Devolved bodies call for change to levy system

Promotion of Scotch and Welsh beef and lamb could be at risk unless there is a rethink of the red meat levy distribution system, Hybu Cig Cymru has warned.

HCC, Wales’ red meat promotion body, said it could lose up to half a million pounds in levy money if Vion’s Gaerwen abattoir in Anglesey closes, and slaughtering moves across the border to England.

The Welsh Country Foods plant, which processes about 640,000 lambs a year, announced it was under threat of closure last month after key customer Asda decided to source fresh lamb from another supplier.

Levy money is collected at the point of slaughter and if a plant closes and slaughtering moves to another part of the country, the levy money goes with it – this was the case in Scotland when Vion’s Hall’s of Broxburn plant closed last year and slaughtering moved south of the border to Malton, North Yorkshire.

Speaking at a Farmers’ Union of Wales lunch at the Houses of Parliament on Wednesday (30 January), HCC chairman Dai Davies said the Welsh industry already loses up to £1m in levy money a year to EBLEX as a result of Welsh cattle and sheep being slaughtered in England.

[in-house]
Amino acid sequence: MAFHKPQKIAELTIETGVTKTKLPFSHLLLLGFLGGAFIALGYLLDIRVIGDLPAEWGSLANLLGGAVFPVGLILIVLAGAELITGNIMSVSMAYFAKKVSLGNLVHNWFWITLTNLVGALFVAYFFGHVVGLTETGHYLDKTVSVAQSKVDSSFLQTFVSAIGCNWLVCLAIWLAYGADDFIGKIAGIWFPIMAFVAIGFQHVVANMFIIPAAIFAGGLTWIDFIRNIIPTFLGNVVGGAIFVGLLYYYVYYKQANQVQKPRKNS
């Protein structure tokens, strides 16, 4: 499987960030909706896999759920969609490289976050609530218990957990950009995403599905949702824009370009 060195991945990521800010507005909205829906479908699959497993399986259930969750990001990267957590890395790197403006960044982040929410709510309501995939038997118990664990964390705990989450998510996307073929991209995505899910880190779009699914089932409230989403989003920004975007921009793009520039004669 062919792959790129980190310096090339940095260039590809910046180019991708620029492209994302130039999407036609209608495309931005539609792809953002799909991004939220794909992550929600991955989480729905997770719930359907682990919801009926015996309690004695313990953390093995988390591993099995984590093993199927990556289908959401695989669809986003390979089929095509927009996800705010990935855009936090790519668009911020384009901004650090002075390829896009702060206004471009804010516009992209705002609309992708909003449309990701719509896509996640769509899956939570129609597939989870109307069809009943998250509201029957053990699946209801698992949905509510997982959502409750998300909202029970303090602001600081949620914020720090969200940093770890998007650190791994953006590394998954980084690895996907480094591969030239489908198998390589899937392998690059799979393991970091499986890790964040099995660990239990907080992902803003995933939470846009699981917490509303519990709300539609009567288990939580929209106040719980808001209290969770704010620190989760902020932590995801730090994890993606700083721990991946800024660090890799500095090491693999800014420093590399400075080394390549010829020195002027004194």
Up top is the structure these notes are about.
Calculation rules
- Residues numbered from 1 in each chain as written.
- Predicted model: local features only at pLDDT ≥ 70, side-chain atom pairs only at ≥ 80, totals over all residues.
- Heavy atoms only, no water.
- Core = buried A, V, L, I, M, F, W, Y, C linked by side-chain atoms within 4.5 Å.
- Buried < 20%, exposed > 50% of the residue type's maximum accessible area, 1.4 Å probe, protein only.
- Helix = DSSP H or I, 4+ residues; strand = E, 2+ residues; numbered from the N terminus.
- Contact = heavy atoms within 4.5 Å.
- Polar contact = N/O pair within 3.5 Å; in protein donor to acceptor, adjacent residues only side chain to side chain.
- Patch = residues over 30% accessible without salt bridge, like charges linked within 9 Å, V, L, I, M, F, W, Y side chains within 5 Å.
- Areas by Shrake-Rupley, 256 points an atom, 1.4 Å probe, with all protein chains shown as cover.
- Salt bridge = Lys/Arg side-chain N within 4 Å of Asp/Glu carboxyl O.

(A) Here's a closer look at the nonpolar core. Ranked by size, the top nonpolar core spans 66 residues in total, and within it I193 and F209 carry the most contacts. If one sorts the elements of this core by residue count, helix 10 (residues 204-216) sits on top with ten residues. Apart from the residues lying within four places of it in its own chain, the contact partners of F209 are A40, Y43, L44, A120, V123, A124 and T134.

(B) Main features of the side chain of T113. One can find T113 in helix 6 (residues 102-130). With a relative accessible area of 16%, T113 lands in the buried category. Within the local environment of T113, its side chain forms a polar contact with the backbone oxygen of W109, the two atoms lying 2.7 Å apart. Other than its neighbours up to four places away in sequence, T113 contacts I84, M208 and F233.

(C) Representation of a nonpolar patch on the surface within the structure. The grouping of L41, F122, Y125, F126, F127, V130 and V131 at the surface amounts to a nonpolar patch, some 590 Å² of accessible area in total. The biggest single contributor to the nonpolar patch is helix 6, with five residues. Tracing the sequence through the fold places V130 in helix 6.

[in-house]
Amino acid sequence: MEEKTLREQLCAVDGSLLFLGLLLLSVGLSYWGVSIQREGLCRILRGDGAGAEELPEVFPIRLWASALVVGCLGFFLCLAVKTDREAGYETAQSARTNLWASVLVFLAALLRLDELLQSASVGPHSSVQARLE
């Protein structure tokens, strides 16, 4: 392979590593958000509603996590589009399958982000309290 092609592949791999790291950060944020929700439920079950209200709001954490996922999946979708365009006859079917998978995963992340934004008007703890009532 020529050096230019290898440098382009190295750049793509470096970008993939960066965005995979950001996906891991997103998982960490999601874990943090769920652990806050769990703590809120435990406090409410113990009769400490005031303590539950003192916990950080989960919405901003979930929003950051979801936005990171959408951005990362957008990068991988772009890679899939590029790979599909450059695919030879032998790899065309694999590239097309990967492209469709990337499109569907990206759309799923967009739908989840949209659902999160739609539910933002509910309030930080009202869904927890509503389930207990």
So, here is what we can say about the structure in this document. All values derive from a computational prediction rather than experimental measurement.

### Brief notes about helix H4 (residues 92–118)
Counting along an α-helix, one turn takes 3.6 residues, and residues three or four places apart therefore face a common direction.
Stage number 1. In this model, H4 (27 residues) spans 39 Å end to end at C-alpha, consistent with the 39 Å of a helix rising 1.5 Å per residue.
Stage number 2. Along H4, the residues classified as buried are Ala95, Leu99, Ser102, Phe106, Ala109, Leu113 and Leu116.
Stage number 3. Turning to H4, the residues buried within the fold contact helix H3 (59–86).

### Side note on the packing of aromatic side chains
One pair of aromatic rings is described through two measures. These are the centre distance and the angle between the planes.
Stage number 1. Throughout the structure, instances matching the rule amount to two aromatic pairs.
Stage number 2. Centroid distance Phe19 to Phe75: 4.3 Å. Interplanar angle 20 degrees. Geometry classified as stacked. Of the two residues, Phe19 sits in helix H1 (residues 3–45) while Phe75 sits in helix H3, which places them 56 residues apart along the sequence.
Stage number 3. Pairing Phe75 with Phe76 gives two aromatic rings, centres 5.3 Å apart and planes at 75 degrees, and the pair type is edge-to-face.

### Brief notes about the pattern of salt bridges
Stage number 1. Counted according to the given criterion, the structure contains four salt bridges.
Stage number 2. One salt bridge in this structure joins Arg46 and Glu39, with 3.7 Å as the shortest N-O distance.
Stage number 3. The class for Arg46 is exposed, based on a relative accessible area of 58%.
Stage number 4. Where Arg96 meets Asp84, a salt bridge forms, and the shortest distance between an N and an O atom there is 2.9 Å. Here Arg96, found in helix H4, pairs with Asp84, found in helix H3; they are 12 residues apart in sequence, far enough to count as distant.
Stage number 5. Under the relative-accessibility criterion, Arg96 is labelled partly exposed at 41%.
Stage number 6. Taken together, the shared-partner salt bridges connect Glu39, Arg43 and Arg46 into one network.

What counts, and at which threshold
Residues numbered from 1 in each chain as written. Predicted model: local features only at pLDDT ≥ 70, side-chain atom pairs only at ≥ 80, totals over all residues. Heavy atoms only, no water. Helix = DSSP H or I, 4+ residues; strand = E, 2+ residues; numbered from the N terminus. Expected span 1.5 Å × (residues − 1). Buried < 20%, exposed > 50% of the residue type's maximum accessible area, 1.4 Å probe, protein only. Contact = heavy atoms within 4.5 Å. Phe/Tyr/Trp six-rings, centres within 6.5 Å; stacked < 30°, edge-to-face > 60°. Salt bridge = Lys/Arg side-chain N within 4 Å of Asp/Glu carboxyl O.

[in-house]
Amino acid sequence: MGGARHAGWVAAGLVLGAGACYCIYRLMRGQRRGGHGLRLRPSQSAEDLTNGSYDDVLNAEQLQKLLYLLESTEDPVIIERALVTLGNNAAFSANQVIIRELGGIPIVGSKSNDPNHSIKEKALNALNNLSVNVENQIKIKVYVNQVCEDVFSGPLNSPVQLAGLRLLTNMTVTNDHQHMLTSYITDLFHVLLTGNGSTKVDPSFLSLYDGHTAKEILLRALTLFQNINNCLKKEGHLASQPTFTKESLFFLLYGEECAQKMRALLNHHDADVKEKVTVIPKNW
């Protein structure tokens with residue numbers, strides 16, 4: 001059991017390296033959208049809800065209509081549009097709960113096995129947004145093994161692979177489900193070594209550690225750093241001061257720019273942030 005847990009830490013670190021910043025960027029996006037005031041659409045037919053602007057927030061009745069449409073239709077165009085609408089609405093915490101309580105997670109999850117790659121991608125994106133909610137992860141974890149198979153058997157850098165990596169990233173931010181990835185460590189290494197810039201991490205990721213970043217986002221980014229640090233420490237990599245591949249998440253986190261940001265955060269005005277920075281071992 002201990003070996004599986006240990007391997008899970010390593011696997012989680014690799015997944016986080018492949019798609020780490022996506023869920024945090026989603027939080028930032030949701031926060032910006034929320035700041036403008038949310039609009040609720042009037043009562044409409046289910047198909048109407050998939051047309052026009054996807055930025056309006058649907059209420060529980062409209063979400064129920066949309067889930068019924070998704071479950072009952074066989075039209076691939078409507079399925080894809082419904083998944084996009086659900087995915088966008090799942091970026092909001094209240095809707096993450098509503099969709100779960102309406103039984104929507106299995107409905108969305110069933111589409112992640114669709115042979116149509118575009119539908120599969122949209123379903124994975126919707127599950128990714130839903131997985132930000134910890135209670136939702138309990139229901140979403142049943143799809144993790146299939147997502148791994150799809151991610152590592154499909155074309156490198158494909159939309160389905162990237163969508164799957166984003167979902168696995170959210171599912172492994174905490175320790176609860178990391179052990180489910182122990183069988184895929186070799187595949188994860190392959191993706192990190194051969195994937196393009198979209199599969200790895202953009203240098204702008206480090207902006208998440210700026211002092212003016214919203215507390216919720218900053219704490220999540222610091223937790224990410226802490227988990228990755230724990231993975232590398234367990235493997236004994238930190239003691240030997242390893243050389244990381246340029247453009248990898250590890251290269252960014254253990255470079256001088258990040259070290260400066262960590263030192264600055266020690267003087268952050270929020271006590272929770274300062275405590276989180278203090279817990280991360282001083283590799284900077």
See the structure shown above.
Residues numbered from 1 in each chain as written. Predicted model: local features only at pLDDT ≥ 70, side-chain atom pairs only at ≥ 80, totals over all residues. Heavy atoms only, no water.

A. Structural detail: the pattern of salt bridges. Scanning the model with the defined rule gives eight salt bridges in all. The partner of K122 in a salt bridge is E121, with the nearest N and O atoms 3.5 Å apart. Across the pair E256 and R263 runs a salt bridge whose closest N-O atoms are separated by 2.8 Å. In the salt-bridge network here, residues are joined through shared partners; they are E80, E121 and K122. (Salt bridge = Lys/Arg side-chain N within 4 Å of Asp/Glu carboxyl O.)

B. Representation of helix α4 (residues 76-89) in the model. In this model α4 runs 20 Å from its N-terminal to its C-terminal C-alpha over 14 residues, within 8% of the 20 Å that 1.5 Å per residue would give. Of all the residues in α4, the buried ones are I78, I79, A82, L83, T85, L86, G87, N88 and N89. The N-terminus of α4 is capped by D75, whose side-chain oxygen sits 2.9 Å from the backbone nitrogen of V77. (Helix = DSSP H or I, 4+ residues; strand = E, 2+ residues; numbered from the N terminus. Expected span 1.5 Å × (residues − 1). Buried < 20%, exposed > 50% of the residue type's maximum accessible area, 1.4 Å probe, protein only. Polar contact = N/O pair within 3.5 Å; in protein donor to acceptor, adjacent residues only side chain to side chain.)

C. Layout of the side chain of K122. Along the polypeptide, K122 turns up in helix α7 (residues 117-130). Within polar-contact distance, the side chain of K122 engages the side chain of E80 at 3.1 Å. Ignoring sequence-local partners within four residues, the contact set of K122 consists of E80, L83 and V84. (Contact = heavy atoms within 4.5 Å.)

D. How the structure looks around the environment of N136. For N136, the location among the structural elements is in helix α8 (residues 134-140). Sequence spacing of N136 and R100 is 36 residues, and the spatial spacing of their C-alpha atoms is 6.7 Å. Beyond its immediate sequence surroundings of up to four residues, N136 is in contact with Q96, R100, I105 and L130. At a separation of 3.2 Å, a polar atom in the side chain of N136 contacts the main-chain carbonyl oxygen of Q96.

The possible closure of the Gaerwen plant could add another half a million pounds to this deficit, he said.

HCC and Quality Meat Scotland were calling for the present payment collection system to remain unchanged, but for a redistribution of levy money between the three bodies based on where the livestock was born and reared rather than where the abattoir is located, added Mr Davies.

In response, BPEX and EBLEX said UK producers benefitted from the levy system in terms of “bigger picture projects” which affected the whole of Great Britain, rather than individual devolved regions.

BPEX chairman Stewart Houston said: “Alongside its regional focus in England, AHDB plays a lead role in this and carries out significant work which directly benefits the wider UK red meat industry and this should be reflected in the way levy is distributed.”

EBLEX chairman John Cross said: “Any change to the system will inevitably involve additional administration, thus reducing the value for money from the levy paid by producers and processors across the UK. We believe that looking at the levy issue in this context, the present system of distribution is the most efficient way of managing investment in the red meat sector.”

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